She’s pleased to note that plenty of prominent scientists think she’s on the right track. “Targeting the cleanup of the ocean, not just doing research, is what makes Mary and Kaisei specialand different from other organizations,” says oceanographer Nikolai Maximenko, senior researcher at the University of Hawaii’s International Pacific Research Center. On the 2010 expedition, the Project Kaisei team successfully field-tested his computer modeling of ocean currents and the path of debris, which accurately predicted the likely location of junk accumulations. “To me it’s not a question that we will have to clean the ocean,” says Maximenko. “The question is how to do it efficiently. Developing new technologies is the key, and this is exactly what Mary and Kaisei are doing.” The doyenne of ocean research, Sylvia Earle, National Geographic Explorer in Residence and a member of Project Kaisei’s advisory committee, calls Crowley “a champion for the ocean.”
Not every environmentalist is so admiring. Moore respects Crowley and the research done by Project Kaisei–sponsored scientists. He even concedes that cleanup could mitigate the plastic-pollution problem. But he cites recent research showing that 90 percent of the plastic in the Pacific gyre floats too deeply to be removed by the kind of surface skimmers Crowley is working to develop. “The average depth of the ocean is approximately two miles, far deeper than, say, the sand in the Sahara desert,” he says. “Imagine trying to sift all that sand for plastic. Yet that would be a minuscule task compared with sifting the ocean.” Furthermore, he worries that capturing and recycling plastic lets corporations and individuals off the hook, sending the message that they can continue to make wasteful packaging because someone is going to clean it up.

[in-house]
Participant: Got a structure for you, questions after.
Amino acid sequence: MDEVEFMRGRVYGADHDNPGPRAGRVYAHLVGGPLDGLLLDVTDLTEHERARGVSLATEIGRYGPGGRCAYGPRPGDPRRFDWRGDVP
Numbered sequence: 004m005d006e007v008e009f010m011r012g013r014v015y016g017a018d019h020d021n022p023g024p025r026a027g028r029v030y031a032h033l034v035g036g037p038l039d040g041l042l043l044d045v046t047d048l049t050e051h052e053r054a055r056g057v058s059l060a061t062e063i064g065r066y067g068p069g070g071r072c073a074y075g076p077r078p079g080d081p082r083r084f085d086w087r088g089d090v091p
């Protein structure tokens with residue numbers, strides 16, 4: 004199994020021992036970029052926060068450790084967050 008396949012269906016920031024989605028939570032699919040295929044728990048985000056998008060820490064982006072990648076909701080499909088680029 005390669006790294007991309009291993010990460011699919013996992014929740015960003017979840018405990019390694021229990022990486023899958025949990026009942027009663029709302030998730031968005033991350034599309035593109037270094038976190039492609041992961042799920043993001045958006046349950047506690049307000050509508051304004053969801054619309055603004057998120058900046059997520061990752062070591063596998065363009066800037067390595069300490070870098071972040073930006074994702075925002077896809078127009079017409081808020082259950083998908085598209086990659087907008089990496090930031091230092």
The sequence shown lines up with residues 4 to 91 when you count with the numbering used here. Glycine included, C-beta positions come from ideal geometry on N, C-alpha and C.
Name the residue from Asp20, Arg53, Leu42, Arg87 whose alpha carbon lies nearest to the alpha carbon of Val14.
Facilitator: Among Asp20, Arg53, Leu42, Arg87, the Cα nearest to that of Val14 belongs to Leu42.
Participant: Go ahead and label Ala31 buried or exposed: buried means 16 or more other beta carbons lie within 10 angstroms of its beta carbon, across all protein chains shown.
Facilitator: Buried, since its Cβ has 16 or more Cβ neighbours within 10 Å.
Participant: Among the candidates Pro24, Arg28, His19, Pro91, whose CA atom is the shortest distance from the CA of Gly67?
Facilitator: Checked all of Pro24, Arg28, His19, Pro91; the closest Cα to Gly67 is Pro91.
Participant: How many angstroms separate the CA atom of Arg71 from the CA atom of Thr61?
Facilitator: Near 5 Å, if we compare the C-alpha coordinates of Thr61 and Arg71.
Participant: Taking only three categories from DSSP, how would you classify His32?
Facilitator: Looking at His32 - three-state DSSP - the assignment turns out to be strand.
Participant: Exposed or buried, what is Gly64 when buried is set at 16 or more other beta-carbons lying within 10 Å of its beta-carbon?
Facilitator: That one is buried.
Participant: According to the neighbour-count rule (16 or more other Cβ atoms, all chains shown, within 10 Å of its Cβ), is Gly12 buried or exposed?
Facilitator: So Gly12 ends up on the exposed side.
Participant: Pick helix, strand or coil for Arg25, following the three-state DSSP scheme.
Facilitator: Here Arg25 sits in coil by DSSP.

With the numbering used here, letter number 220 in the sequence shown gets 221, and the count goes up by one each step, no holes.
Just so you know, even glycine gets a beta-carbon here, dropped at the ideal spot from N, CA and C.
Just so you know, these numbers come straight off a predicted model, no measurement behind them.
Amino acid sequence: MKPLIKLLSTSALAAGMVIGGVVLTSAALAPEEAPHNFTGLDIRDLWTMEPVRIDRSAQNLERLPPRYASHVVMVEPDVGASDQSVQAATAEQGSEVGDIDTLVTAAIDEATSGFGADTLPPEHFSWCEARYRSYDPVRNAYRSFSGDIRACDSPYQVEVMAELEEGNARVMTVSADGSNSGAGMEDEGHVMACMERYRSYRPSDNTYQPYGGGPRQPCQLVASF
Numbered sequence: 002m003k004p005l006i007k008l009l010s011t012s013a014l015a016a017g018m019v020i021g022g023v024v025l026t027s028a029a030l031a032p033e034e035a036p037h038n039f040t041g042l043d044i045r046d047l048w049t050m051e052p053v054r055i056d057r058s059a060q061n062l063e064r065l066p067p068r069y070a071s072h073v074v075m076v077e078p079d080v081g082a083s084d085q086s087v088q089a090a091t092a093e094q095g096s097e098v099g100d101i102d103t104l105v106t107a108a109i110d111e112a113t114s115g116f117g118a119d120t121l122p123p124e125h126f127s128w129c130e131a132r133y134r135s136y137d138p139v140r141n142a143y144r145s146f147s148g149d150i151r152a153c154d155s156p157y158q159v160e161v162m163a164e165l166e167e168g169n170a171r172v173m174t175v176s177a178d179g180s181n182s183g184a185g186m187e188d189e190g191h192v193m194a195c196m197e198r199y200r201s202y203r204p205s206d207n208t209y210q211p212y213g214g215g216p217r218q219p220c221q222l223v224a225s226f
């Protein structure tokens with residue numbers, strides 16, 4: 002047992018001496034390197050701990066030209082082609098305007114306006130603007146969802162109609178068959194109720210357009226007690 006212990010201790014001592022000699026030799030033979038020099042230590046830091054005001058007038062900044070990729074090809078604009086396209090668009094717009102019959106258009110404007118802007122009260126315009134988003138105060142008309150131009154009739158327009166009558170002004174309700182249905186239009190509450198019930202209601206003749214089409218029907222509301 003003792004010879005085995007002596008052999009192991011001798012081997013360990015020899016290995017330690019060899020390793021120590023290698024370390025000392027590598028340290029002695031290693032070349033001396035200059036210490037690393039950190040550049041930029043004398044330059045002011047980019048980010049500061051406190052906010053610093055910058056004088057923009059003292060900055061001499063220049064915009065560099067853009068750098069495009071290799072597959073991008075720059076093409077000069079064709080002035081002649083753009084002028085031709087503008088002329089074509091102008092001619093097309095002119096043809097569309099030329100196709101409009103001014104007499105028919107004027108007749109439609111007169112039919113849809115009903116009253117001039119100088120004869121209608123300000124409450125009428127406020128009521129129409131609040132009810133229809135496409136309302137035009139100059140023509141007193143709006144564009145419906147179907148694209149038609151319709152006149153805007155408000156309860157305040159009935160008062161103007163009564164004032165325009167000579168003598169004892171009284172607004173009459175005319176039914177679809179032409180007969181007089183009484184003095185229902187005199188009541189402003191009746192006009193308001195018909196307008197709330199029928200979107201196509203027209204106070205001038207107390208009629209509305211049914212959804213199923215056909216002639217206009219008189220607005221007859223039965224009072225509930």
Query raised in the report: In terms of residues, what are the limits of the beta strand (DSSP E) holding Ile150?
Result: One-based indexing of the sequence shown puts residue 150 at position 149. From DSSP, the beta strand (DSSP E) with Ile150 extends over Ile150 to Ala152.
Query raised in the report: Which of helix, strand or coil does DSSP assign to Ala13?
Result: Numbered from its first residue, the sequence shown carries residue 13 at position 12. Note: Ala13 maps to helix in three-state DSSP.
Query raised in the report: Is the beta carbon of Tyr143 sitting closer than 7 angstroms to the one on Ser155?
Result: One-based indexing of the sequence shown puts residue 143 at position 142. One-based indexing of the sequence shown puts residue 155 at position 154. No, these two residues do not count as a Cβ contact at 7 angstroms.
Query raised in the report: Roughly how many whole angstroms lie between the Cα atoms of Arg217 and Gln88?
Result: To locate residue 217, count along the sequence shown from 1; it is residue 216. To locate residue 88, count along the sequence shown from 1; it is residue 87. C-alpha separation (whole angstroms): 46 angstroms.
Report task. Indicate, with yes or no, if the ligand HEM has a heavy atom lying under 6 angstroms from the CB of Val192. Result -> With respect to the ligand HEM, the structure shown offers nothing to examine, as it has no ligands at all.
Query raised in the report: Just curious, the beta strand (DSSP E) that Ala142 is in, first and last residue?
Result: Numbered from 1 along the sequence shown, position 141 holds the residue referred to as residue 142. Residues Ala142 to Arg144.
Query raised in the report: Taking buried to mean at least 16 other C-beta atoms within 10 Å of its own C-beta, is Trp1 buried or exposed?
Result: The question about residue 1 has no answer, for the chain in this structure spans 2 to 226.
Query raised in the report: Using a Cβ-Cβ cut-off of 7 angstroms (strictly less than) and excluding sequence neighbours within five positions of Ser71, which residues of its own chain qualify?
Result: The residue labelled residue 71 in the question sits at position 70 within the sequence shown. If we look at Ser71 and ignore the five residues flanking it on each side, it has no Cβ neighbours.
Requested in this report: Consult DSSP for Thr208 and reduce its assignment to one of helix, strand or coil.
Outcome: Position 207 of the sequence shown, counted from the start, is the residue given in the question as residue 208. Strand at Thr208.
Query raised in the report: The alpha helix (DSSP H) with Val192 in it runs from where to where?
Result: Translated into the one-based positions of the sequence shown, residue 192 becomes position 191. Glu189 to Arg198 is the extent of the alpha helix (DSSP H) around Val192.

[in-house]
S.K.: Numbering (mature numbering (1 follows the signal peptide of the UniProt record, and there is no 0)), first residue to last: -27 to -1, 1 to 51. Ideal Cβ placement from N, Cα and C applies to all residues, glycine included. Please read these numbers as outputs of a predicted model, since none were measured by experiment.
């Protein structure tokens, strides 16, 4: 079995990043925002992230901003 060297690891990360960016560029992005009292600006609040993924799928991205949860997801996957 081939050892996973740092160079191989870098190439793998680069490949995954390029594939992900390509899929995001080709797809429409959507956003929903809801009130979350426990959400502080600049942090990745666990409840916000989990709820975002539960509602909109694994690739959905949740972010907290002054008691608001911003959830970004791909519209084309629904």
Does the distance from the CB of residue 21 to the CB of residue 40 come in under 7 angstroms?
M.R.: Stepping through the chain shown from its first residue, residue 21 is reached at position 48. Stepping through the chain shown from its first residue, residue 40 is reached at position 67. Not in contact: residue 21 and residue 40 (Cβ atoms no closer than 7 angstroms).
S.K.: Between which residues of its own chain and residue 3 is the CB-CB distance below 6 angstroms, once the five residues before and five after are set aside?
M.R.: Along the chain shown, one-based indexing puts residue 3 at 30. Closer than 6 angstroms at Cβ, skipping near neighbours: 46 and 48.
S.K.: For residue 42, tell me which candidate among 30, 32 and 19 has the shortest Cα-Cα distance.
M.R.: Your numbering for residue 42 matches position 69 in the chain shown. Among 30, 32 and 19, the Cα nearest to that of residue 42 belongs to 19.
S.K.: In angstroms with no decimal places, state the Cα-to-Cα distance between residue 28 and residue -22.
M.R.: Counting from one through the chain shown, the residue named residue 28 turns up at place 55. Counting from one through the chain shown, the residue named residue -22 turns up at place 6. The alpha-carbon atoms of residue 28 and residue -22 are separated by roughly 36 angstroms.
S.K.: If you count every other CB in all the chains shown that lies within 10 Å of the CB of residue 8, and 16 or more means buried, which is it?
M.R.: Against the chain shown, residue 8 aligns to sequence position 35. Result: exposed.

Crowley doesn’t see why fighting plastic needs to be an either-or proposition: cleaning up versus stopping the flow. She says she is well aware that she and the technology entrepreneurs she sponsors must work in harmony with the ocean’s ecosystem, watching for unintended consequences. For example, one idea is to use ships as floating recycle centers, but would that create emissions as dangerous as the plastic? “There are big unknowns,” she says. “But we have to start.”
A small group of bloggers has charged her with being in the pocket of the plastics industry. They note that Crowley meets with corporate sustainability officers, the people in charge of packaging, and takes money from big companies like Coca-Cola (which made modest donations to the first two Project Kaisei expeditions).
“We’ve been accused of working with industry, trying to make it seem like it’s OK to throw plastics in the ocean because we can clean it up,” Crowley says. “That’s ludicrous.”
These bloggers have also publicly insisted that Project Kaisei is funded by the American Chemistry Council (ACC), an industry lobbying organization that’s spent millions fighting anti-plastic-bag legislation; even Moore has repeated that accusation. Absolutely untrue, says Ryan Yerkey, Project Kaisei’s volunteer chief of operations (he holds the same title in his paying job at Ocean Voyages Inc.). But he thinks he knows how the rumor got started. “The ACC donated $5,000 to Jean-Michel Cousteau’s [nonprofit] Ocean Futures Society,” he says, “and they donated $5,000 to Project Kaisei for supplies and equipment for the scientists on board the 2009 expedition.”
Crowley did give a presentation on ocean plastic to representatives of the ACC. “I don’t agree with their policies,” she says, “but it’s important to talk to them. I’ll talk to anyone. I don’t believe we make progress as environmentalists by just talking to each other. We need to get everyone around the table.”
And though she states clearly that she hasn’t taken money from the ACC or any of its member companies, Crowley says, “If they chose to give us money for our cleanup efforts, with no strings attached, I’d be pleased to accept their money.”